Thursday, 19 February 2015

What can landlords expect from their Ilkeston rental property in 2015?

A local chap popped into our offices at the Denby House Business Centre on Taylor Lane in Heanor  the other day whilst his better half was visiting a friend in Loscoe. He had come into some money and after reading my articles in the, took me up on the offer of a chat about investing in property. I reminded him that landlords who invest in property achieve a return on their investment in two ways. The first is their rental income, which is what the tenant pays you . If you divide the annual rent into the value (or purchase price) of the property,  this is your yield, or annual return. When a property increases in value over time, it is known as 'capital growth'. Capital growth, also known as capital appreciation, has been strong in recent times in Ilkeston, but the value of property does go up as well as down, and of course the local conditions surrounding property will have a big effect.

The gross average yield on the typical Ilkeston rental property stands at 4.2% a year, representing a fall of 0.1% from one year ago, down from 4.3% in December 2013. Over the last 12 months, property values in Ilkeston have risen by 4.5%, so taking into account capital growth, total annual returns on an average Ilkeston property stand at 9.7% over the twelve months to December. In absolute terms this means the average landlord in Ilkeston has seen a return, before deductions such as mortgage payments and maintenance, of £12,179 in the last twelve months. This is made up of rental income of £6,048 and an average capital gain of £6,131.

However, yields for new investors are going to be tough to make ends meet when interest rates rise, so it’s essential new buy to let landlords seek the best advice, buy the best sort of property, buy that property at the right price and factor in mortgage rates of 5% to 6% seen before the credit crunch. As I don’t sell property, I can look at the whole of the Ilkeston property market and tell you what I would consider buying, without any conflict of interest.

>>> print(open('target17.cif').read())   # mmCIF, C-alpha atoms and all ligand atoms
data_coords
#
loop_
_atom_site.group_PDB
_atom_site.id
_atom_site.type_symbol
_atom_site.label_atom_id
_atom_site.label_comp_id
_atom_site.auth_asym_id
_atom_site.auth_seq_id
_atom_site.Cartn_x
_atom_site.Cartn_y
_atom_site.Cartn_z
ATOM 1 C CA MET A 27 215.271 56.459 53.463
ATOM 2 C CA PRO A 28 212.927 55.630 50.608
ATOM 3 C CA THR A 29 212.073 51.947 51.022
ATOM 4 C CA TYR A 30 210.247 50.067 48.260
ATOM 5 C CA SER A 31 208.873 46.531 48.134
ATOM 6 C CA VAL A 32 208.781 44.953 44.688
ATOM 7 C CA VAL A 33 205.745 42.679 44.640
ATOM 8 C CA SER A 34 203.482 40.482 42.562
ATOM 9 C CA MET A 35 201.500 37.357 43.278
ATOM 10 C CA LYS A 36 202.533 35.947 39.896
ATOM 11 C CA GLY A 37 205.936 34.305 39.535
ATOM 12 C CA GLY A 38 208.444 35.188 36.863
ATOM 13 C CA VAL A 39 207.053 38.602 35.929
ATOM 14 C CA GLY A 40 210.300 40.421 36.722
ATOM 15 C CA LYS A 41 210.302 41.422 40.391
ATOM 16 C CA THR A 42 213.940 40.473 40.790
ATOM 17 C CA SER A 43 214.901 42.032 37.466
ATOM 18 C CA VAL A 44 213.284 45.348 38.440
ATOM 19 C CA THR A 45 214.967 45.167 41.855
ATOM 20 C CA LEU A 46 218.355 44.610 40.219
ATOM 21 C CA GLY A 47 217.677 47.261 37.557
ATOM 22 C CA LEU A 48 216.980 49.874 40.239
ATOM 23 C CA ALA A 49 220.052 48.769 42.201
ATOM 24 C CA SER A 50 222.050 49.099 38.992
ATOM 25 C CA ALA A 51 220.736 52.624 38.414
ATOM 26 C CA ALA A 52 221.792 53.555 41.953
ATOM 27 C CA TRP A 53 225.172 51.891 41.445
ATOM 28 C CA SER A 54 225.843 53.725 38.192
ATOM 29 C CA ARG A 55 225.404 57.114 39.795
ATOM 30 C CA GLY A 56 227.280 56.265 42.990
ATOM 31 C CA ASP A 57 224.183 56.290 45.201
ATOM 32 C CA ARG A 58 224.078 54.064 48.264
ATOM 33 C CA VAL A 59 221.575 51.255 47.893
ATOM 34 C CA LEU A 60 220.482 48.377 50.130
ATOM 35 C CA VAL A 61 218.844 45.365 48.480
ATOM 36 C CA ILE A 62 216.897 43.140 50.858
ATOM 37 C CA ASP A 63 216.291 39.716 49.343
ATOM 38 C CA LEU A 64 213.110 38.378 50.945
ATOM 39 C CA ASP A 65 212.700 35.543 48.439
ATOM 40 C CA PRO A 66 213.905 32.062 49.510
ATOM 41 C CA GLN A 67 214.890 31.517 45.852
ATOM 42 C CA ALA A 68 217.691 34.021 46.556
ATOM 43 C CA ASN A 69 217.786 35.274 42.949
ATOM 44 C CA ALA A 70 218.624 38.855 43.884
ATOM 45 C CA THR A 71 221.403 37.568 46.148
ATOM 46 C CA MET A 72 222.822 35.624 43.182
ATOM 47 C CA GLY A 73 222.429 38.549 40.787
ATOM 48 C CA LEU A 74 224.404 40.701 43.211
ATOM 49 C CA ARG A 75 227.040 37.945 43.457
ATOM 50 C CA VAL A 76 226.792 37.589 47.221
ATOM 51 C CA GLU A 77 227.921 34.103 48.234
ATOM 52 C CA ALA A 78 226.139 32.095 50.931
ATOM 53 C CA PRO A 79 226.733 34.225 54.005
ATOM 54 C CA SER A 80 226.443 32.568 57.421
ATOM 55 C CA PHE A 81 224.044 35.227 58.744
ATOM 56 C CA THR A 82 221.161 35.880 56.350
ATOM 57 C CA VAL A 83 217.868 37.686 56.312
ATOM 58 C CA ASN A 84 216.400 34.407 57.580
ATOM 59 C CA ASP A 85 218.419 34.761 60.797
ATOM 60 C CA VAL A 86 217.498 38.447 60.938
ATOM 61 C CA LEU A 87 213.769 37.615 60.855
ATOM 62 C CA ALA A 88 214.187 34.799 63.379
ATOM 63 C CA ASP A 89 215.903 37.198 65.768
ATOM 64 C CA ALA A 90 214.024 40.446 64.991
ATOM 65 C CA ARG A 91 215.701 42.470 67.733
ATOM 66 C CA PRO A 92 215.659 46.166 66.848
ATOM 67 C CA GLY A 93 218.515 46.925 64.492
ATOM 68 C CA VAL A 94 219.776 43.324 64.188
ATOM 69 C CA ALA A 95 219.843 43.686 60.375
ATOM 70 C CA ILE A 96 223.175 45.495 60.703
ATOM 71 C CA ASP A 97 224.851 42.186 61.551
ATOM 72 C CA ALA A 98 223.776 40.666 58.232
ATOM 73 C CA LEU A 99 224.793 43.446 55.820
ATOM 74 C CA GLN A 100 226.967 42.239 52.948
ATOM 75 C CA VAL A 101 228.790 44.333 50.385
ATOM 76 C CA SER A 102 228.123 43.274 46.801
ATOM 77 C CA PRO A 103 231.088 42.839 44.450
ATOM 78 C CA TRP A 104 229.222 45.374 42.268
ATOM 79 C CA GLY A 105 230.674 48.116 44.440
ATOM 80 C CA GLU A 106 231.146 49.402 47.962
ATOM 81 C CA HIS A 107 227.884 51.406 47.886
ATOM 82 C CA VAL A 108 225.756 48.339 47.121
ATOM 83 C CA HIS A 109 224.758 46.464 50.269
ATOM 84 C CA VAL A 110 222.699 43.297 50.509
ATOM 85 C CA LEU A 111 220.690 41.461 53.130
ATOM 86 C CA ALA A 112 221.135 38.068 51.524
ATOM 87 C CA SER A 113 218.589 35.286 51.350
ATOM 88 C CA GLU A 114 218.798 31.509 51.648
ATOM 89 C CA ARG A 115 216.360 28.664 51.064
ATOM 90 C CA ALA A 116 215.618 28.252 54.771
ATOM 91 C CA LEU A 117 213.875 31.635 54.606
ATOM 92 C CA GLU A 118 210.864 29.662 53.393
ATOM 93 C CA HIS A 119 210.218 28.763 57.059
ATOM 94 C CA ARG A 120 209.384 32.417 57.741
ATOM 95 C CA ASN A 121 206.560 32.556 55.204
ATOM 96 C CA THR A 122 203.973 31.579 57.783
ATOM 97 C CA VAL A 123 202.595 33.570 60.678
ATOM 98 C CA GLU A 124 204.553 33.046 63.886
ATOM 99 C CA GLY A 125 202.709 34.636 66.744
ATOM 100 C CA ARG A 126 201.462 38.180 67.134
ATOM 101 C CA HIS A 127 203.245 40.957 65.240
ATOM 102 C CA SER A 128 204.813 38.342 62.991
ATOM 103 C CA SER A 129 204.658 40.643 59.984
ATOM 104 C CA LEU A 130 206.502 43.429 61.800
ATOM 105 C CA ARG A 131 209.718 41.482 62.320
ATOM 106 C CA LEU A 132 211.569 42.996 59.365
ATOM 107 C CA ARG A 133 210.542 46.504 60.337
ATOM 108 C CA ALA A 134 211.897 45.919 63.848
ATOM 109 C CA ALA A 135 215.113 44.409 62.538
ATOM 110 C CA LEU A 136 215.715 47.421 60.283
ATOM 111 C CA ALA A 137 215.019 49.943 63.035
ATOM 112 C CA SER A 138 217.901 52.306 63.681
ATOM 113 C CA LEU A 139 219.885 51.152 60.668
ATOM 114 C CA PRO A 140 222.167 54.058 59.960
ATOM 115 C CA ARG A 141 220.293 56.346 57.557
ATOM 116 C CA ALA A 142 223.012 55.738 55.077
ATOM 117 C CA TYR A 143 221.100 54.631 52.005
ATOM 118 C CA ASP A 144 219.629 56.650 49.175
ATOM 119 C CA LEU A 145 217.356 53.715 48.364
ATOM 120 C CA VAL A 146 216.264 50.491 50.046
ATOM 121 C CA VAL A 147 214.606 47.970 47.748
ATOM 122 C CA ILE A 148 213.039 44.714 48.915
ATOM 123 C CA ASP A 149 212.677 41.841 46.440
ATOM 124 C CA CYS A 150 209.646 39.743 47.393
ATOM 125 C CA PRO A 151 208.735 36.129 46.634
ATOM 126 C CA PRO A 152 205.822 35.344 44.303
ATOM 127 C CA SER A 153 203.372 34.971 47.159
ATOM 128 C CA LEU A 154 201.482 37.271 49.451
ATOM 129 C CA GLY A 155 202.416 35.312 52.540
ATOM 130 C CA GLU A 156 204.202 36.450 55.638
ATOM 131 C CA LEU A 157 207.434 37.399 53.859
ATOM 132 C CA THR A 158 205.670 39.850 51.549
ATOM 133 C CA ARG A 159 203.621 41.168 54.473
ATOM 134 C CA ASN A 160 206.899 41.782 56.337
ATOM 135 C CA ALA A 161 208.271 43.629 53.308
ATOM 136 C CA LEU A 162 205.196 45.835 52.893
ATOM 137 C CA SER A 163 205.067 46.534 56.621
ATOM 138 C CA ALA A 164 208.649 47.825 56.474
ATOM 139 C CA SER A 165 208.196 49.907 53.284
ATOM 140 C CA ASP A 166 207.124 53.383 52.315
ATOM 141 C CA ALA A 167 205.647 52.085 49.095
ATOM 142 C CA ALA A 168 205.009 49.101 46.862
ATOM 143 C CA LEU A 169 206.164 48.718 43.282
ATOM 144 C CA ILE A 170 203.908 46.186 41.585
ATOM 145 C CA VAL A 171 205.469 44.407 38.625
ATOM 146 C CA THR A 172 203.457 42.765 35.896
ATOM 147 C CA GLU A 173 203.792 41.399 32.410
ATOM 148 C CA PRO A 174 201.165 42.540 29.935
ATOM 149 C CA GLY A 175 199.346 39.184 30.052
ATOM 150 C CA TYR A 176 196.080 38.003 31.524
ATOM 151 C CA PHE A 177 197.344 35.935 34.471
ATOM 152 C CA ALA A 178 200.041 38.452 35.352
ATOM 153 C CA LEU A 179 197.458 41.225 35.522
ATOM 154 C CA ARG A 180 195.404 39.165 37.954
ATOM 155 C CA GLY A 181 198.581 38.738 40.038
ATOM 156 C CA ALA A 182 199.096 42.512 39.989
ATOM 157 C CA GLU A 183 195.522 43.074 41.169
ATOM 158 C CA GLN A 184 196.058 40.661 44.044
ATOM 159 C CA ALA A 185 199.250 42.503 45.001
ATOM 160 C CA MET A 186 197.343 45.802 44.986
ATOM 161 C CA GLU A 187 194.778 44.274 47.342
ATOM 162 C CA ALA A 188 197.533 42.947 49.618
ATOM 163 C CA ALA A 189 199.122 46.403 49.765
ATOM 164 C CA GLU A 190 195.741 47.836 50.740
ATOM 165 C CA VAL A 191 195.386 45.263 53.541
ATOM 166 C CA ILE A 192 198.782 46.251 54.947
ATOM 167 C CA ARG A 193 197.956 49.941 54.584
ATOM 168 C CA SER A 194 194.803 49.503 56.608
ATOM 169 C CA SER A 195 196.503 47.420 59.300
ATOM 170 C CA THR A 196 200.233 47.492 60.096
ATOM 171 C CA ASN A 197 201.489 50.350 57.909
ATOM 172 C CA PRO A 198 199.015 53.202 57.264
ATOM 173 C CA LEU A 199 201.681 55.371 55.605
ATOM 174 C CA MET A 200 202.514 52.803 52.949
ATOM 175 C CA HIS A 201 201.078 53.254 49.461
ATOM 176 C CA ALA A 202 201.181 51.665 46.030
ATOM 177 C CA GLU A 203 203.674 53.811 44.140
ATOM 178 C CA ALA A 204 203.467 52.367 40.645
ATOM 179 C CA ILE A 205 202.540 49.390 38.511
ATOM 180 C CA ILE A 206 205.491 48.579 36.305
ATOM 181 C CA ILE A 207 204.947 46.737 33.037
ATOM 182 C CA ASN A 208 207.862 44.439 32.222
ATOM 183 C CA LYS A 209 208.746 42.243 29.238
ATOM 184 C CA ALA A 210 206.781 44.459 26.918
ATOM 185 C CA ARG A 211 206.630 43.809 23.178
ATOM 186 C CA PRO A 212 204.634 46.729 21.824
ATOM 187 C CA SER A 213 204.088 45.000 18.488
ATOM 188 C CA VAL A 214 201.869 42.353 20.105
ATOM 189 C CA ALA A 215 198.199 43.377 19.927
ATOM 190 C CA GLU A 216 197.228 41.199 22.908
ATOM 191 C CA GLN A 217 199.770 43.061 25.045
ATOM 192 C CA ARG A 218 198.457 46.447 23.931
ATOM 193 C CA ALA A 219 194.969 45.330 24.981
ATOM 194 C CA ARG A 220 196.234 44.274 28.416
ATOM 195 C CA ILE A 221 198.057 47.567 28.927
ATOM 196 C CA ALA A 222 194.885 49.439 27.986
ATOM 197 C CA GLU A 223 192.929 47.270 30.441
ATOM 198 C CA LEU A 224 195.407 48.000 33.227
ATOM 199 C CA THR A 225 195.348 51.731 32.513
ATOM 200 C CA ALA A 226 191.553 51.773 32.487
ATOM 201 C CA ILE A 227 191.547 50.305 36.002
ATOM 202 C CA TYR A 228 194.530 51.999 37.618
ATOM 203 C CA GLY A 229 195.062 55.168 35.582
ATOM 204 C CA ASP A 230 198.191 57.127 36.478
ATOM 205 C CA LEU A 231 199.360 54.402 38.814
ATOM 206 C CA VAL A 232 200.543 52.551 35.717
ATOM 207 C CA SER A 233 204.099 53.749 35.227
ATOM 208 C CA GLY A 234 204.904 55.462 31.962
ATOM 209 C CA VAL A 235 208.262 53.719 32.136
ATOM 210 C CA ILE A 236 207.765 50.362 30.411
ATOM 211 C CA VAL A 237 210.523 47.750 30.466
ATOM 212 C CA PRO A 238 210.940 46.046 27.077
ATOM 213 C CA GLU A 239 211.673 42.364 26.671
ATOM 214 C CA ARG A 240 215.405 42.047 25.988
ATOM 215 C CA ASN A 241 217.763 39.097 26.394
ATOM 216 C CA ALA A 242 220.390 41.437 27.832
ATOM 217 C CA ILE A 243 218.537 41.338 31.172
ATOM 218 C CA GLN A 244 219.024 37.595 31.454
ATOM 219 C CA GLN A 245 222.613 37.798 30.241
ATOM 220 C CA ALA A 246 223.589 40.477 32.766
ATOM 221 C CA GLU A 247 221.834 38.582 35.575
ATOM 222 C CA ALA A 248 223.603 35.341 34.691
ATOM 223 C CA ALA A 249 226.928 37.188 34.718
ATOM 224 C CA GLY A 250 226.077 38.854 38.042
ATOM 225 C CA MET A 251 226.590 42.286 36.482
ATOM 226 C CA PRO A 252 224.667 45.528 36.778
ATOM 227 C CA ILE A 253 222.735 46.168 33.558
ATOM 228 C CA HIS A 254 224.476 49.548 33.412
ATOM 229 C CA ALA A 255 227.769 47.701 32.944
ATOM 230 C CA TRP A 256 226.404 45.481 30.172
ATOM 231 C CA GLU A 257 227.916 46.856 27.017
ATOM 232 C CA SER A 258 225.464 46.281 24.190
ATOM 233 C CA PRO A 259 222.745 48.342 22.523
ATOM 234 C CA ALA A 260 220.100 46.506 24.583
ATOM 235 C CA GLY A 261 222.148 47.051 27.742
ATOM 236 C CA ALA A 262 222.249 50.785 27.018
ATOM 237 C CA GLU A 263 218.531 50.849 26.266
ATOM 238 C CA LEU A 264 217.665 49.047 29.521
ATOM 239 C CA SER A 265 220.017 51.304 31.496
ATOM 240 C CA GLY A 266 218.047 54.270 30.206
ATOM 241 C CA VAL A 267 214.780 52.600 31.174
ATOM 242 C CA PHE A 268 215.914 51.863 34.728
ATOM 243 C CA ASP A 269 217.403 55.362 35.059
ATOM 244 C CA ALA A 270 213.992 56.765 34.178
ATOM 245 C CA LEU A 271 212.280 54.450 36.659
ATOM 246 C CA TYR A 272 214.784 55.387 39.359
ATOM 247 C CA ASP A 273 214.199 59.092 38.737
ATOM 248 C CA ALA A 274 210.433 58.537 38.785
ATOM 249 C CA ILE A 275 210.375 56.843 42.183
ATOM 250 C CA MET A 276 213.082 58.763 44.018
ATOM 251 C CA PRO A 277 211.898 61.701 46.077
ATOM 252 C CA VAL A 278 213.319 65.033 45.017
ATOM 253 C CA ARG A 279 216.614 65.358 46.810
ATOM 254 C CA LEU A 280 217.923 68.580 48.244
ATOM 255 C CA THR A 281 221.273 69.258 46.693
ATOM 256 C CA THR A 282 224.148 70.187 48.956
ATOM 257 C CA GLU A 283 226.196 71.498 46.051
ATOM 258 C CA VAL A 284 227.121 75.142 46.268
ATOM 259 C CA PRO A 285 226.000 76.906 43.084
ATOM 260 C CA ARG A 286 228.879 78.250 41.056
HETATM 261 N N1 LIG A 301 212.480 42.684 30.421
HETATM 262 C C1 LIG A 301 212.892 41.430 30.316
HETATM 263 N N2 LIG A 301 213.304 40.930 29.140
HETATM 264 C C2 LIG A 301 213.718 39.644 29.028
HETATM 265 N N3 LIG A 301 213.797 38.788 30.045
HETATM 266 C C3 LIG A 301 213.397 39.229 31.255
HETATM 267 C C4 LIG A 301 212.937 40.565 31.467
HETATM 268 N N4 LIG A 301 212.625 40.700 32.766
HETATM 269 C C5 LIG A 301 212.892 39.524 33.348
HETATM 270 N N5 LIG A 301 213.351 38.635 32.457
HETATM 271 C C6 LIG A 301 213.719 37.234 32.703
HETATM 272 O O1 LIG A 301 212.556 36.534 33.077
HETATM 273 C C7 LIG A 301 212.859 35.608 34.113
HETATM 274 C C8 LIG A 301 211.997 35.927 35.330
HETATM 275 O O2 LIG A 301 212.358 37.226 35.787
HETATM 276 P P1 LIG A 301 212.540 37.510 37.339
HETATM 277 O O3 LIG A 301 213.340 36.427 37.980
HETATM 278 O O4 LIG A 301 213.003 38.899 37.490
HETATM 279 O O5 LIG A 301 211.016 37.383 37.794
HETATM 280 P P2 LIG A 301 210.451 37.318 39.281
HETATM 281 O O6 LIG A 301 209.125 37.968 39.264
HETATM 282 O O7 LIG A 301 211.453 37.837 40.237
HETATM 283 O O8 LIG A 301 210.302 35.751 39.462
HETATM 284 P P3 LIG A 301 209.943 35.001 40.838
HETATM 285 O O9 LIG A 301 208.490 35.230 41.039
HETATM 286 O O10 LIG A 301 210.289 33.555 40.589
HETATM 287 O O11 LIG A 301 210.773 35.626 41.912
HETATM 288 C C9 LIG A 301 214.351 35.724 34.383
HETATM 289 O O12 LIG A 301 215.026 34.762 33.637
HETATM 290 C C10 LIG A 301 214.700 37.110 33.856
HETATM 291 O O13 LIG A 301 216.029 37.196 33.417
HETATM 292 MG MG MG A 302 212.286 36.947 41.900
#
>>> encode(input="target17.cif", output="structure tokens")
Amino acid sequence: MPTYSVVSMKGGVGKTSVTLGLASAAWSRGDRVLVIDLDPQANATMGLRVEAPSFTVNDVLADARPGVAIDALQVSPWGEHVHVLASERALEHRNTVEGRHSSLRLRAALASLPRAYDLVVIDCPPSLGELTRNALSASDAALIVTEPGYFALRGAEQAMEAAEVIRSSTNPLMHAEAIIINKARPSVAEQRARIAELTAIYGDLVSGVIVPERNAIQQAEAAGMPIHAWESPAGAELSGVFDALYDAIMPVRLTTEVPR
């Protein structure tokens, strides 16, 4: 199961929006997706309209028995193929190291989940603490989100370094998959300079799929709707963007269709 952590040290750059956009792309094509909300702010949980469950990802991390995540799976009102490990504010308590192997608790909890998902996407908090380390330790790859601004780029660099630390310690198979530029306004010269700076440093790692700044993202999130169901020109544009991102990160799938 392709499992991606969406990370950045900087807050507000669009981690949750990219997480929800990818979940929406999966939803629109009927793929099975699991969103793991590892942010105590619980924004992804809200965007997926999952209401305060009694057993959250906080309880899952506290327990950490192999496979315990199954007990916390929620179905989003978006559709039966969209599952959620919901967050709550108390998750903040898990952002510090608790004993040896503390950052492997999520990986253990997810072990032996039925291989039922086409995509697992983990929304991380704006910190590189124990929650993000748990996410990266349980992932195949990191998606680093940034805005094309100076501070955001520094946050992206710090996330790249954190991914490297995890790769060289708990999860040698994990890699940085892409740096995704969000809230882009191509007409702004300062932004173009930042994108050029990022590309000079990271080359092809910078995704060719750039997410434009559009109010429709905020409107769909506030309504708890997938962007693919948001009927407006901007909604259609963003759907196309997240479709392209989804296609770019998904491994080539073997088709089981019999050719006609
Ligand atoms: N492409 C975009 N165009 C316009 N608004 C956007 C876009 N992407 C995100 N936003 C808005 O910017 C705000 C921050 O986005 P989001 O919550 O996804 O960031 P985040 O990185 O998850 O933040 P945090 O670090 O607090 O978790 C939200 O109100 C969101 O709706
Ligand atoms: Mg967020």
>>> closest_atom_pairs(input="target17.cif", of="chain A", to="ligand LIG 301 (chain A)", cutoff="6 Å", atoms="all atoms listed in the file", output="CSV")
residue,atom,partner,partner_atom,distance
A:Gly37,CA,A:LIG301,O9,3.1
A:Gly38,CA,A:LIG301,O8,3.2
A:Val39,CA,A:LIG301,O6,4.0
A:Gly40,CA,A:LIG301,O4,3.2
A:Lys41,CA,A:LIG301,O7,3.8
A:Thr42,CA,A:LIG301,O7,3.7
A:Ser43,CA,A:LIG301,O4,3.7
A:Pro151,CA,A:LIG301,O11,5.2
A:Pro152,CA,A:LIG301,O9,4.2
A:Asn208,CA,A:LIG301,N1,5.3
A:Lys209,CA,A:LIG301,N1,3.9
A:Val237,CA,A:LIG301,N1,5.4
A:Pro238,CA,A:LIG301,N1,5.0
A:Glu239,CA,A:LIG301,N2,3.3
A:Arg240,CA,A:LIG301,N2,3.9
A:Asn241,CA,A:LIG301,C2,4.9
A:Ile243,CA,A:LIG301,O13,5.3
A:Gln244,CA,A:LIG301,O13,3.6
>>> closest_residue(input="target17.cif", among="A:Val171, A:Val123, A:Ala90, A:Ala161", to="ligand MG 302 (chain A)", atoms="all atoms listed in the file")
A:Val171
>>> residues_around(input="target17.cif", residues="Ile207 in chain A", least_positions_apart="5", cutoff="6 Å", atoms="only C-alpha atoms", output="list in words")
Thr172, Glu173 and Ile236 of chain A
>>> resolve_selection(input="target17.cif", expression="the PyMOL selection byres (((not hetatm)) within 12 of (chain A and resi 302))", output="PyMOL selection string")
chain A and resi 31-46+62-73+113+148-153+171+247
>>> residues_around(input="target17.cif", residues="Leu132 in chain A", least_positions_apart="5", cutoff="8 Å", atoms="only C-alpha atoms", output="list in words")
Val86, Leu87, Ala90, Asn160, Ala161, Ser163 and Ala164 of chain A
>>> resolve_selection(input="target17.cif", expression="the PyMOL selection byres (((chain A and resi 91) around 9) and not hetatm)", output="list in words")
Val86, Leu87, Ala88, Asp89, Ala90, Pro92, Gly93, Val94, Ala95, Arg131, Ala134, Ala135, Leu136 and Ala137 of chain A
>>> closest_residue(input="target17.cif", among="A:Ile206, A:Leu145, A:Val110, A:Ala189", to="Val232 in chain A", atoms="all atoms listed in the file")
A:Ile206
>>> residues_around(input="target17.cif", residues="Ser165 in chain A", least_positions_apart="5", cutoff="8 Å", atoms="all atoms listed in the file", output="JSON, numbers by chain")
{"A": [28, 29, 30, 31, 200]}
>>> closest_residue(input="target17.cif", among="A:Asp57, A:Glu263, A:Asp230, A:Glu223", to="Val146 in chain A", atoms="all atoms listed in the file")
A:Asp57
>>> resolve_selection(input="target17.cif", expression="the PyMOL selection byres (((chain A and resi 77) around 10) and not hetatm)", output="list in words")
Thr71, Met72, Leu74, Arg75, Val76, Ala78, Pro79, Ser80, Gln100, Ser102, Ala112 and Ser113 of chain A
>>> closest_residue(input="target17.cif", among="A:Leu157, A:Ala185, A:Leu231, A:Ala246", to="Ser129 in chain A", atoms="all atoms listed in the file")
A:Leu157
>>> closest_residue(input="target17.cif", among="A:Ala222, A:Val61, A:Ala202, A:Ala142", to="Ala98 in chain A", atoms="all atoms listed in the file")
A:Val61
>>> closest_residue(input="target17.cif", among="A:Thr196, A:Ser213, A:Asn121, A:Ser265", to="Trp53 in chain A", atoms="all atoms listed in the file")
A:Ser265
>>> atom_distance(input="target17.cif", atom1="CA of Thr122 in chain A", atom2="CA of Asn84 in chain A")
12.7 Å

A few weeks ago I talked about future property value increases, so this week I want to finish with my thoughts on rents. You see, at present, rents are moving in an upward direction, but in the main it is only in line with inflation. Therefore, from a landlord’s point of view, in real terms, they are no better off. Ideally if wages were rising, as they should be, with inflation, neither would tenants be better off either. Finally though, it might interest readers to know that the rents Ilkeston tenants have to pay for Ilkeston property are still 4% lower than they were 2008. Considering prices for other things (gas, food, petrol etc) have risen by 19% since 2008, tenants are getting a good deal whilst landlords are achieving good returns themselves.

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